Fort Leavenworth commander to lead U.S. military in Iraq
Robert Gates, the new secretary of defense, looked to Fort Leavenworth to pluck the new commander of U.S. forces in Iraq, Lt. Gen. David Petraeus.
"He is the right man to lead our forces in Iraq at this critical juncture," Gates said Friday, Jan. 5, in recommending Petraeus to replace Gen. George Casey as the top U.S. military man in Iraq.
"General Petraeus is an expert in irregular warfare and stability operations, and recently supervised the publication of the first Army and Marine counterinsurgency manual in two decades," Gates said. "Dave Petraeus has been leading the effort to rewrite the military's doctrine for defeating an insurgency, and, subject to confirmation, he'll bring all the tools to enable Iraqi and coalition forces to create a stable and secure Iraq. He is the right man to lead our forces in Iraq at this critical juncture."
Petraeus came to Fort Leavenworth in October 2005 after commanding the 101st Airborne Division deployed in Iraq and commanding the Multi-National Security Transition Command-Iraq and the NATO Training Mission-Iraq. The mission of the last two commands was to train Iraqis soldiers to succeed U.S. troops in providing security for their country.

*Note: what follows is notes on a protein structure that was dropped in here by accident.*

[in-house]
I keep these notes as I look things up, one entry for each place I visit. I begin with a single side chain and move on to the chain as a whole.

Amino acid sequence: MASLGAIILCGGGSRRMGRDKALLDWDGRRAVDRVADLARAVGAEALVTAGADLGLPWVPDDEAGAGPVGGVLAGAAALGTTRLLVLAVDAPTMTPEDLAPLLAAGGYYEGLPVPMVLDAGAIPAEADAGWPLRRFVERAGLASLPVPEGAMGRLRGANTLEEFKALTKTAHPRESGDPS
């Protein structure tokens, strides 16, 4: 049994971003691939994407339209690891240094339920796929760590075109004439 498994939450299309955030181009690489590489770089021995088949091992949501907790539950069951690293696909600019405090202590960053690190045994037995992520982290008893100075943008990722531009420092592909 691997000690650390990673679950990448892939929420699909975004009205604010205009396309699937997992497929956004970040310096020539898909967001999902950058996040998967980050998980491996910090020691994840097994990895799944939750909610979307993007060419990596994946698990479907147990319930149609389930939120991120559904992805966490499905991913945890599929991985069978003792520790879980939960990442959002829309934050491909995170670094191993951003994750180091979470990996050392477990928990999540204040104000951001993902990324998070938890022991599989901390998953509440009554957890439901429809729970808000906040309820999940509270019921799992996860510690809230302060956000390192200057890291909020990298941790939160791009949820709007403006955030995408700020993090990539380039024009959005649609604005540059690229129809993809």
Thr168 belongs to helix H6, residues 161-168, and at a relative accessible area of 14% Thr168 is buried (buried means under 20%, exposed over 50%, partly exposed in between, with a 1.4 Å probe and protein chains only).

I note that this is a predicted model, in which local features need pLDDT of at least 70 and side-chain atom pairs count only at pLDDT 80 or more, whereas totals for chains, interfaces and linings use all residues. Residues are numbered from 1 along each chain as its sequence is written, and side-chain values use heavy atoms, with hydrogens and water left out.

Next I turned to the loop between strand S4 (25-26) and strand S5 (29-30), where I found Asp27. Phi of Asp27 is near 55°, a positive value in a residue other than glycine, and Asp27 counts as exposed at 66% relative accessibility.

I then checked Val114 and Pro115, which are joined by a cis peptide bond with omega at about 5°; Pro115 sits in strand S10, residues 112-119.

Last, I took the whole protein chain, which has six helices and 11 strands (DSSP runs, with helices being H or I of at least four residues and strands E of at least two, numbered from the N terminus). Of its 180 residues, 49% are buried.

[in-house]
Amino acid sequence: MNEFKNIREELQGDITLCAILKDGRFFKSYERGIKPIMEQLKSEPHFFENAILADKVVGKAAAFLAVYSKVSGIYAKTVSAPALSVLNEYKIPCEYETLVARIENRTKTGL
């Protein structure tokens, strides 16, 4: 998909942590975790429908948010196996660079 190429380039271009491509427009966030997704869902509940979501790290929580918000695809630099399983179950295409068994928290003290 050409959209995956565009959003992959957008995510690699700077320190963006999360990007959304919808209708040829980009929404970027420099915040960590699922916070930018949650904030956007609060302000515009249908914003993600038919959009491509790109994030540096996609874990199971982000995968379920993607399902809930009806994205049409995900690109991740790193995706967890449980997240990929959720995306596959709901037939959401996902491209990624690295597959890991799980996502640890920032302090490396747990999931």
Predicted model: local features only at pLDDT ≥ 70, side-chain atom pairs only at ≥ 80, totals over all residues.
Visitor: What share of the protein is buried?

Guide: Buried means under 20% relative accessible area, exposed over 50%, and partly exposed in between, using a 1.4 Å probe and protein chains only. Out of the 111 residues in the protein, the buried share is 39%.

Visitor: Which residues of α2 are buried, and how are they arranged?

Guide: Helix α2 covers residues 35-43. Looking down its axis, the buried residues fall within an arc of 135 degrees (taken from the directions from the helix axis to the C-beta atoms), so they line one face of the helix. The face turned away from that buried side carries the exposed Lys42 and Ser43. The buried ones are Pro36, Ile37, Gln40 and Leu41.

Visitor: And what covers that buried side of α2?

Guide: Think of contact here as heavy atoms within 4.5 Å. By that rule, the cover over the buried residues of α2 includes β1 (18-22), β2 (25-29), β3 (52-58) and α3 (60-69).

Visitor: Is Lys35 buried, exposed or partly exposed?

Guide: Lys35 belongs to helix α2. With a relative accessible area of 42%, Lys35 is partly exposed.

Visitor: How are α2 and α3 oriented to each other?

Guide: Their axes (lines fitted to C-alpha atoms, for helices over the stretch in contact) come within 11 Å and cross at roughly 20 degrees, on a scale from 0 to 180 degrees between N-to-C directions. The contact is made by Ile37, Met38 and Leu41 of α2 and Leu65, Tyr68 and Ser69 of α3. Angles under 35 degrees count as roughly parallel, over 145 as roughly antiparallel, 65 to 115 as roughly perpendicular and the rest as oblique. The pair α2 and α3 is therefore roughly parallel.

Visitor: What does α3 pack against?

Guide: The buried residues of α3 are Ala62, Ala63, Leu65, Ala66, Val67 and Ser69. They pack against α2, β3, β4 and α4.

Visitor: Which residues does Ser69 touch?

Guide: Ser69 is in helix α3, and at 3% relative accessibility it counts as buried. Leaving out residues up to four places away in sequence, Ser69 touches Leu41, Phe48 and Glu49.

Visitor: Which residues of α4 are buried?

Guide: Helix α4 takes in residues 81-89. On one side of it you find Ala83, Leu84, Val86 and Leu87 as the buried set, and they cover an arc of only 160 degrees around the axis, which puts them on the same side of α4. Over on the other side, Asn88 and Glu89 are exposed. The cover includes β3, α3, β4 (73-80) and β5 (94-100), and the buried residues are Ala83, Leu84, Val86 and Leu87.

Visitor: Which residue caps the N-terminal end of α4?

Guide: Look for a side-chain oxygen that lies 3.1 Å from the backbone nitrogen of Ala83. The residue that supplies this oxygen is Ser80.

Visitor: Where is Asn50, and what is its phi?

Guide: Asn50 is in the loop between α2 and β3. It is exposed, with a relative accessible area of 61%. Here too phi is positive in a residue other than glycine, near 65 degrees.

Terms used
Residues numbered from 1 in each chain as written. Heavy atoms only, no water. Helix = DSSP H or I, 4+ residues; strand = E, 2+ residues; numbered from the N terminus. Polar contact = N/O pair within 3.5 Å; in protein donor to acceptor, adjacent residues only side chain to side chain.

Petraeus could not be reached for comment.
U.S. Sen. Sam Brownback, who will seek the Republican nomination for president, praised the choice of Petraeus.
"General Petraeus is an exceptionally smart and thoughtful man who will bring an intellectual creativity to his new mission, and I know that he will do a superb job," the Kansas senator said.
Petraeus' selection was noted far and wide in the national media. Among the newspapers profiling the Fort Leavenworth commander this past week were The New York Times, The Washington Post and Los Angeles Times.
The Los Angeles Times said this about Petraeus: "Although his selection does not come as a surprise, Petraeus is closely associated with the push for a more complex counterinsurgency campaign, which would move U.S. soldiers out of their large bases and into smaller outposts in troubled neighborhoods.
"Advocates of such a plan argue that it is the only way to gain the confidence of Iraqi civilians and protect them from attack. (Retiring Army Gen. John P.) Abizaid and (Gen. George W.) Casey have resisted such moves, arguing that a more visible U.S. presence would inflame locals and prevent Iraqi forces from shouldering the security burden."
The newspaper also quoted retired Gen. Barry McCaffrey as saying, "Dave Petraeus may be the most talented person I ever met. He's got phenomenal intellectual gifts."
Petraeus would be in line for a promotion from a three-star general to a four-star general, which must win congressional approval.